The Lawnmower Club by David Cook

As the winter chill receded and the air began to thaw, the rattle of garage doors opening merged with the slamming back of bolts on garden sheds. From said garages and sheds, the men of Kingfisher Avenue emerged, shielded by their lawnmowers.

Steve, with his bog-standard electric mower, the cord masked in electrical tape to repair the damage from all the times he’d mowed straight over it.

Gareth, with his fancy cordless affair that Steve is jealous of, not that he’s ever vocalised that fact.

Bone Apple Teeth by Mason Yates

Although she had been feeling nervous—a horrid anxiety had infested and made itself a home in her gut—for the past few days, Kate Knight (her last name had been Rains less than five days ago) felt it even more when she stepped off the crowded Tokyo street and into the dark alley that reeked of urine, cigarettes, and burned food.  For some unknown reason, her legs shook with a strange violence, sweat beaded her pale forehead, and every particle of blood bubbled inside her veins.  Because of her shaking—not to mention the slippery cobblestone ground, too—she kept a slow pace as she wandered into the darkness, the radiant neon signs behind her starting to fade, as well as the energetic voices of the touristy road that simmered into susurrations.  Kate clung to her husband as they descended into the black.  Brick buildings enclosed themselves around them, chunky rats scuttled next to the walls and squeaked every so often, and above them, a black night sky, one where no stars resided, seemed to weigh heavy upon them.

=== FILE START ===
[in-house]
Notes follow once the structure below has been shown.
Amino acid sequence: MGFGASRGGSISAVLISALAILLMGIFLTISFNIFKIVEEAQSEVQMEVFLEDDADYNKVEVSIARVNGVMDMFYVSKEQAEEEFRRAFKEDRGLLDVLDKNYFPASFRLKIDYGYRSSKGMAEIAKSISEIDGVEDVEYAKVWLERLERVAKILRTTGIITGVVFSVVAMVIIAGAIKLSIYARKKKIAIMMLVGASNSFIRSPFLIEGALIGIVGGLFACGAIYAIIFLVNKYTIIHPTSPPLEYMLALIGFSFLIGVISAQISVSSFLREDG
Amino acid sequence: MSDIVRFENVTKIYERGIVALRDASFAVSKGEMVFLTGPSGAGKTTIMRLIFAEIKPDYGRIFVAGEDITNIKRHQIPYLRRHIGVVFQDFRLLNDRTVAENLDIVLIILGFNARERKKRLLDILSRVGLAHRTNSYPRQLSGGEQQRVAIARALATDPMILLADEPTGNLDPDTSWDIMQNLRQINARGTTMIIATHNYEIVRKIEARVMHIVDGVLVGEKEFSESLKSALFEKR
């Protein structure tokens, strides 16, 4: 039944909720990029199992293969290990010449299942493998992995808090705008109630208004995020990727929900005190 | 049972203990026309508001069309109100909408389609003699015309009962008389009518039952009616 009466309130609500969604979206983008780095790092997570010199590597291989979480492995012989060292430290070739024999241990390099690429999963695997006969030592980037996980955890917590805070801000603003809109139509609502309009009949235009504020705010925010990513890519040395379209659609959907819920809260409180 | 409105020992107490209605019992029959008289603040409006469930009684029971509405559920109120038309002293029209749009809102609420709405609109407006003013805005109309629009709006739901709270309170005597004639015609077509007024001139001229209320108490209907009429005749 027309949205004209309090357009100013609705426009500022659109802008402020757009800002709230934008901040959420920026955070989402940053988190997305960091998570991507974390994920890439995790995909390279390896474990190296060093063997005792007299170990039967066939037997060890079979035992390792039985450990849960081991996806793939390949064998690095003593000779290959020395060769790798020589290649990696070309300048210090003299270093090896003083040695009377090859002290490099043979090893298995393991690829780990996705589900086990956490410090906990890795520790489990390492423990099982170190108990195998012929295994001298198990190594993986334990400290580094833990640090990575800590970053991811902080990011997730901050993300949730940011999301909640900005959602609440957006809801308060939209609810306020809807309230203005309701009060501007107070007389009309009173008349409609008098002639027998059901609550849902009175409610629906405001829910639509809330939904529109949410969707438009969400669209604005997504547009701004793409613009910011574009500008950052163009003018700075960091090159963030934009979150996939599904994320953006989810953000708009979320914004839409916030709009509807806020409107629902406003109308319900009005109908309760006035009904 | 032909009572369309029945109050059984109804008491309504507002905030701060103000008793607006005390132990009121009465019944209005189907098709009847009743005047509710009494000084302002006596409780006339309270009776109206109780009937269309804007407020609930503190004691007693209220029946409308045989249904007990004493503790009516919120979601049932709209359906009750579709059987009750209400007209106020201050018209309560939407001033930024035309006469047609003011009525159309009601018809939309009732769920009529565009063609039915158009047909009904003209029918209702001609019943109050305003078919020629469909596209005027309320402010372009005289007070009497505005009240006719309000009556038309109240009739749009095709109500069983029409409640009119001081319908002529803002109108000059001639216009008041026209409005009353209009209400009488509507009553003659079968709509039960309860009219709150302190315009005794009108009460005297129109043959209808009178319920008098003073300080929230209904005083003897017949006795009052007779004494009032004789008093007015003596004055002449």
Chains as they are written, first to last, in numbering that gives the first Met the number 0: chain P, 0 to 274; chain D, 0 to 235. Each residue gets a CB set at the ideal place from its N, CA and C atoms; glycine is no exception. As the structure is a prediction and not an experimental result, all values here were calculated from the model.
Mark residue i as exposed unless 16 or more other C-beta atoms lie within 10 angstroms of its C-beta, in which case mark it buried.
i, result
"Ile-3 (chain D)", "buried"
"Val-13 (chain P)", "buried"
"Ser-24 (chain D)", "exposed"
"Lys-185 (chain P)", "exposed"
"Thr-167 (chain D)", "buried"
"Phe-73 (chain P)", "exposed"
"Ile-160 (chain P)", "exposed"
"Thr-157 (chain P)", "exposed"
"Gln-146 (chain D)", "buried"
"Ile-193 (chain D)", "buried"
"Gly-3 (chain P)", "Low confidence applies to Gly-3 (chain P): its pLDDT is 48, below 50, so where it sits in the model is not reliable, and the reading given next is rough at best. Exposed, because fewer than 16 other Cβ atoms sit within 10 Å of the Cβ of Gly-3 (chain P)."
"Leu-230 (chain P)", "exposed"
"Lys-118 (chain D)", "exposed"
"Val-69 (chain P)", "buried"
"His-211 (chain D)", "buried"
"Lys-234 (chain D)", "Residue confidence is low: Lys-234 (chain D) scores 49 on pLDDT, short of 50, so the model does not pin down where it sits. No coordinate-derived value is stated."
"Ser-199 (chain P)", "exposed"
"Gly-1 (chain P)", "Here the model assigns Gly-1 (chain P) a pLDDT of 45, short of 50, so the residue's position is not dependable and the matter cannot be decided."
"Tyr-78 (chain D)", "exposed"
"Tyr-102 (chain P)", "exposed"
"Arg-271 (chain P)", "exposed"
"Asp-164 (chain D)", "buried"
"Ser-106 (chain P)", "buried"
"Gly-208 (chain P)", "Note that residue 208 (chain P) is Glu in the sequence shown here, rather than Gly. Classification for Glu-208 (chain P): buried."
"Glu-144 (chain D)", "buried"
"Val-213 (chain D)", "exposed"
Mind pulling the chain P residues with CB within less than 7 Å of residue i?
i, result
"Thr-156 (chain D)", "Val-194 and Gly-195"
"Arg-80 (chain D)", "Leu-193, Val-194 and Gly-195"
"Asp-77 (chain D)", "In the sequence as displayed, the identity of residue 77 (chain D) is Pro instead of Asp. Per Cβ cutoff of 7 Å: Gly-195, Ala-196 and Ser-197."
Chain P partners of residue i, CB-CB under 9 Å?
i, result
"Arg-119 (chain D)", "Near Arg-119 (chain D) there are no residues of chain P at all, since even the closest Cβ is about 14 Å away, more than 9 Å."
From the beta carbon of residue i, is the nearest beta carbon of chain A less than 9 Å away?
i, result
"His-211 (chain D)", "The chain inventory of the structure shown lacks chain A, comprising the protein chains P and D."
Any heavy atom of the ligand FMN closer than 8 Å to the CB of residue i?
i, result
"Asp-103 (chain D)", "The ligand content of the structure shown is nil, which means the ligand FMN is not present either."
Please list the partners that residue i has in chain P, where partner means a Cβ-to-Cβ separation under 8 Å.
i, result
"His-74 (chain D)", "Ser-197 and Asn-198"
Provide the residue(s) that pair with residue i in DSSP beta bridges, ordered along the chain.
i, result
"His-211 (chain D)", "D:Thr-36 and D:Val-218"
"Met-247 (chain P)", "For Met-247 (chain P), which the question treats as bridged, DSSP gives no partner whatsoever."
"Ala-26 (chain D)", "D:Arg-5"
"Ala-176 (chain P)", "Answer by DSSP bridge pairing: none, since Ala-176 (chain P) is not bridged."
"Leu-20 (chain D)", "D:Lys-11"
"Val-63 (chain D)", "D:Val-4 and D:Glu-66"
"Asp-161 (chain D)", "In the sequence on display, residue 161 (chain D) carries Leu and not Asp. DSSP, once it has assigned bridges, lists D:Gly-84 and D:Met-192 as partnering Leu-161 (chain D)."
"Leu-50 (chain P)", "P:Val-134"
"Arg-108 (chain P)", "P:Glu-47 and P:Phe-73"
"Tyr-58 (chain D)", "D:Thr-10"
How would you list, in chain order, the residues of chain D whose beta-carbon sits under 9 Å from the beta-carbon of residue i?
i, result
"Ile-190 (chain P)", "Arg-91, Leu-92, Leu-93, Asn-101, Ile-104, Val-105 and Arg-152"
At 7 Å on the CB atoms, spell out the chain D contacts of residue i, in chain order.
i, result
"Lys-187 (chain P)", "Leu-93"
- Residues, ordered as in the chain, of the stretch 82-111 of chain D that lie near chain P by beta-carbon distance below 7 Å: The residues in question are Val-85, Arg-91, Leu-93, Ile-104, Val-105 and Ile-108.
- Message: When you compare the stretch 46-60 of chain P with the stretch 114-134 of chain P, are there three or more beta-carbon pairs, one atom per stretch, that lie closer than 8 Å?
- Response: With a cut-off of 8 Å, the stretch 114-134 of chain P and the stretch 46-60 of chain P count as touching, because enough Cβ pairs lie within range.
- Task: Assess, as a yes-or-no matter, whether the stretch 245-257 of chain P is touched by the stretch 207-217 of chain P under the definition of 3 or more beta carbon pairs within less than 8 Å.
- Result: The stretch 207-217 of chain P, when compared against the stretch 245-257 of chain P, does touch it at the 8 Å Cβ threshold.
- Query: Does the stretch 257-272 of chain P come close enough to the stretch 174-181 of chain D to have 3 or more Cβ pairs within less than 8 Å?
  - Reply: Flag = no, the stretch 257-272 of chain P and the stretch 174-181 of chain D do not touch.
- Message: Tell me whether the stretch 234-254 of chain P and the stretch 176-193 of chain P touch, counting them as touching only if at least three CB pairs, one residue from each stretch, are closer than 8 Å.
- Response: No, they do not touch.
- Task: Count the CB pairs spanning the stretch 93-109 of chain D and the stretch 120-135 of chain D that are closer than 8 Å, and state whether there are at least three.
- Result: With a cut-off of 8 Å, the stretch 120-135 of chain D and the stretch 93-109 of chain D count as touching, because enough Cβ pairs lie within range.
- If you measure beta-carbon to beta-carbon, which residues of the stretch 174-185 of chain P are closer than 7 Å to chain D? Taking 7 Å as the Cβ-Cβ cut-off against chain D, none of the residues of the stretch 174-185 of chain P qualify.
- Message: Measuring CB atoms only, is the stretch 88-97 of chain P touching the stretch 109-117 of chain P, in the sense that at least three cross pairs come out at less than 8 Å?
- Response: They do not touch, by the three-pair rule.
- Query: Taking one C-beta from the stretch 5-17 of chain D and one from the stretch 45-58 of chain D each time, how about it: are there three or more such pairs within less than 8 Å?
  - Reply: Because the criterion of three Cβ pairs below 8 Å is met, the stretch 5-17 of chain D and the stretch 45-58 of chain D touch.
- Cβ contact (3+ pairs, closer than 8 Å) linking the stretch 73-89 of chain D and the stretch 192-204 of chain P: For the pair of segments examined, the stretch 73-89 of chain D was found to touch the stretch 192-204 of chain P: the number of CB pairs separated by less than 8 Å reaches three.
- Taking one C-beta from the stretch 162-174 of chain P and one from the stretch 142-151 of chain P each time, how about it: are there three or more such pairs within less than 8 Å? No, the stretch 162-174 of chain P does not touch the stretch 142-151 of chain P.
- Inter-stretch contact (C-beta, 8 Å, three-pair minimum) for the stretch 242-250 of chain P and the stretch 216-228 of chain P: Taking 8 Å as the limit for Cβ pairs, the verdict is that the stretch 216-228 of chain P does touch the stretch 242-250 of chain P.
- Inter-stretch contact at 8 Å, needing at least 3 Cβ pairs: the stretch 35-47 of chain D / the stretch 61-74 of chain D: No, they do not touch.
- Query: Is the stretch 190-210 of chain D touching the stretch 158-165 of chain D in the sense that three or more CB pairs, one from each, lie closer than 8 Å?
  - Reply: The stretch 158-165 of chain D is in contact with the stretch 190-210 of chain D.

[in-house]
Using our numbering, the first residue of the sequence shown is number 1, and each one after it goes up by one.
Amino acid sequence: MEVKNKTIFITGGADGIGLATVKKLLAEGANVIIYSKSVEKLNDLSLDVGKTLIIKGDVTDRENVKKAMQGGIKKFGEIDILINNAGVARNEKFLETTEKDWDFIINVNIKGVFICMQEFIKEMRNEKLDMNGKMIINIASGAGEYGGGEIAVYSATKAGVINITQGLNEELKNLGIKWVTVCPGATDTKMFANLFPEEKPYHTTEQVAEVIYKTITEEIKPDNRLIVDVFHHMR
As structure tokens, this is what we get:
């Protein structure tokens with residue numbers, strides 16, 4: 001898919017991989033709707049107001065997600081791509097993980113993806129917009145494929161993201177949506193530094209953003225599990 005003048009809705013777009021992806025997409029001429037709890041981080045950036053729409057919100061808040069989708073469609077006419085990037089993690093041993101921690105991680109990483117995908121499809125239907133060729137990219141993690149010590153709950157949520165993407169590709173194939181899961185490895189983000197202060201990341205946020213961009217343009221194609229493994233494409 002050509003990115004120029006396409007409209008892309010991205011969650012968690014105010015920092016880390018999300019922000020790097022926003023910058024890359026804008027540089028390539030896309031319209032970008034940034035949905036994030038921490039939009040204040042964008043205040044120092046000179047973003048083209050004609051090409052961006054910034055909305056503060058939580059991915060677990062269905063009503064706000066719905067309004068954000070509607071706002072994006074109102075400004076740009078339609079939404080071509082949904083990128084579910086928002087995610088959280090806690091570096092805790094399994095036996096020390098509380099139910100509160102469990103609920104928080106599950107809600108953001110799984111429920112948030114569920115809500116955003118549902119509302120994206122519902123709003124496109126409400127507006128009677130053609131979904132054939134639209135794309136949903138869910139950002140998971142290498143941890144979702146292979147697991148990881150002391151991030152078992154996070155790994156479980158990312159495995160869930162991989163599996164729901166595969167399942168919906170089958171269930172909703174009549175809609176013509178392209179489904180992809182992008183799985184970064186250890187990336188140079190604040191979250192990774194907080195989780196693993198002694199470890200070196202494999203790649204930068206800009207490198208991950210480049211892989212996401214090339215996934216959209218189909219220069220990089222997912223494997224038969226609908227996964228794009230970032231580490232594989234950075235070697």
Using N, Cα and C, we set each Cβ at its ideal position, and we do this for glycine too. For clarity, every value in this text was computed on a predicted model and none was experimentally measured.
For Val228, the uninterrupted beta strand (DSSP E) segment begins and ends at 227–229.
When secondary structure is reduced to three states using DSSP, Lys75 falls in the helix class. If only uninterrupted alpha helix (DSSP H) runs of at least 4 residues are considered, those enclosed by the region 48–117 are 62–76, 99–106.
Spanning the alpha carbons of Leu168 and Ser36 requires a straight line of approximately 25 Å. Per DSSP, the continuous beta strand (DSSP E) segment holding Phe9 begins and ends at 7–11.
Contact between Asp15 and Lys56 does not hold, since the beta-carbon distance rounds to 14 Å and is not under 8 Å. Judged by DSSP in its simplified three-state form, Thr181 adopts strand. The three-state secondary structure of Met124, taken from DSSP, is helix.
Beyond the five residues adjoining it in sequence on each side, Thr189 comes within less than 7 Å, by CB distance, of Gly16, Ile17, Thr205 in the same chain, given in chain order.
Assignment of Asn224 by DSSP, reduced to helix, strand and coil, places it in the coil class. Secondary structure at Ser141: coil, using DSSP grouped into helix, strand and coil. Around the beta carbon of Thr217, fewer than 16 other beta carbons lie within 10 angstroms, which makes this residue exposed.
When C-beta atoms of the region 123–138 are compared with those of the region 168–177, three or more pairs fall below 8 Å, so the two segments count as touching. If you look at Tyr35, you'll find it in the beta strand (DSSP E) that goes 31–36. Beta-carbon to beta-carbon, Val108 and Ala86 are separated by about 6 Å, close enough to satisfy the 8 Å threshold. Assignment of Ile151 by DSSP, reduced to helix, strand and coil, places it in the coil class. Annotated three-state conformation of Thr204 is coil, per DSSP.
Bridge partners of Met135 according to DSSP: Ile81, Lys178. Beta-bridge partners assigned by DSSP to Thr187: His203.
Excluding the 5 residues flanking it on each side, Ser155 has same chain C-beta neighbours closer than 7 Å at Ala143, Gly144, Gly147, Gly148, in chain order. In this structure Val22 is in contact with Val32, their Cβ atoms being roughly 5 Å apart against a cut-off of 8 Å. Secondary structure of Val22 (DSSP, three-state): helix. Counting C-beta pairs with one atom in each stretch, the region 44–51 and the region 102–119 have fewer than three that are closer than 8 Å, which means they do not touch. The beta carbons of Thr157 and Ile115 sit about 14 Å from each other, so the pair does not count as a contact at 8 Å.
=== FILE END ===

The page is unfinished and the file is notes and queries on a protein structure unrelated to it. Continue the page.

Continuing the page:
Nice Girls Cry by Samantha Seiple

I cried the hardest at Amber’s funeral. Not that it’s a competition, or anything. All I’m saying is my tears were real. Wet and itchy, dripping down my face.

To be honest, I wasn’t crying because I was Amber’s best friend. I admit I wasn’t. That honor went to Jenna, who I was standing next to in the cemetery, under the shadow of a stone angel with a cracked wing.

But I was grieving too. For what could have been. What should have been. For Amber, for me, and for a friendship cut short.

Kickstand by Patrick R. Wilson

Erica fingered the wooden splinters of the food truck court picnic table and stared out at the water till she spotted Ryan rolling up on the fire-red Cannondale he bought on credit. He didn’t stop to park the bike before entering the dining area, but jostled his way through the lunchtime customers like an entitled eel in a koi pond. If anyone protested, or pointed out the PARK YOUR BIKE sign, or looked at him wrong, Ryan would explain he’d been sick. Thankfully, no one complained.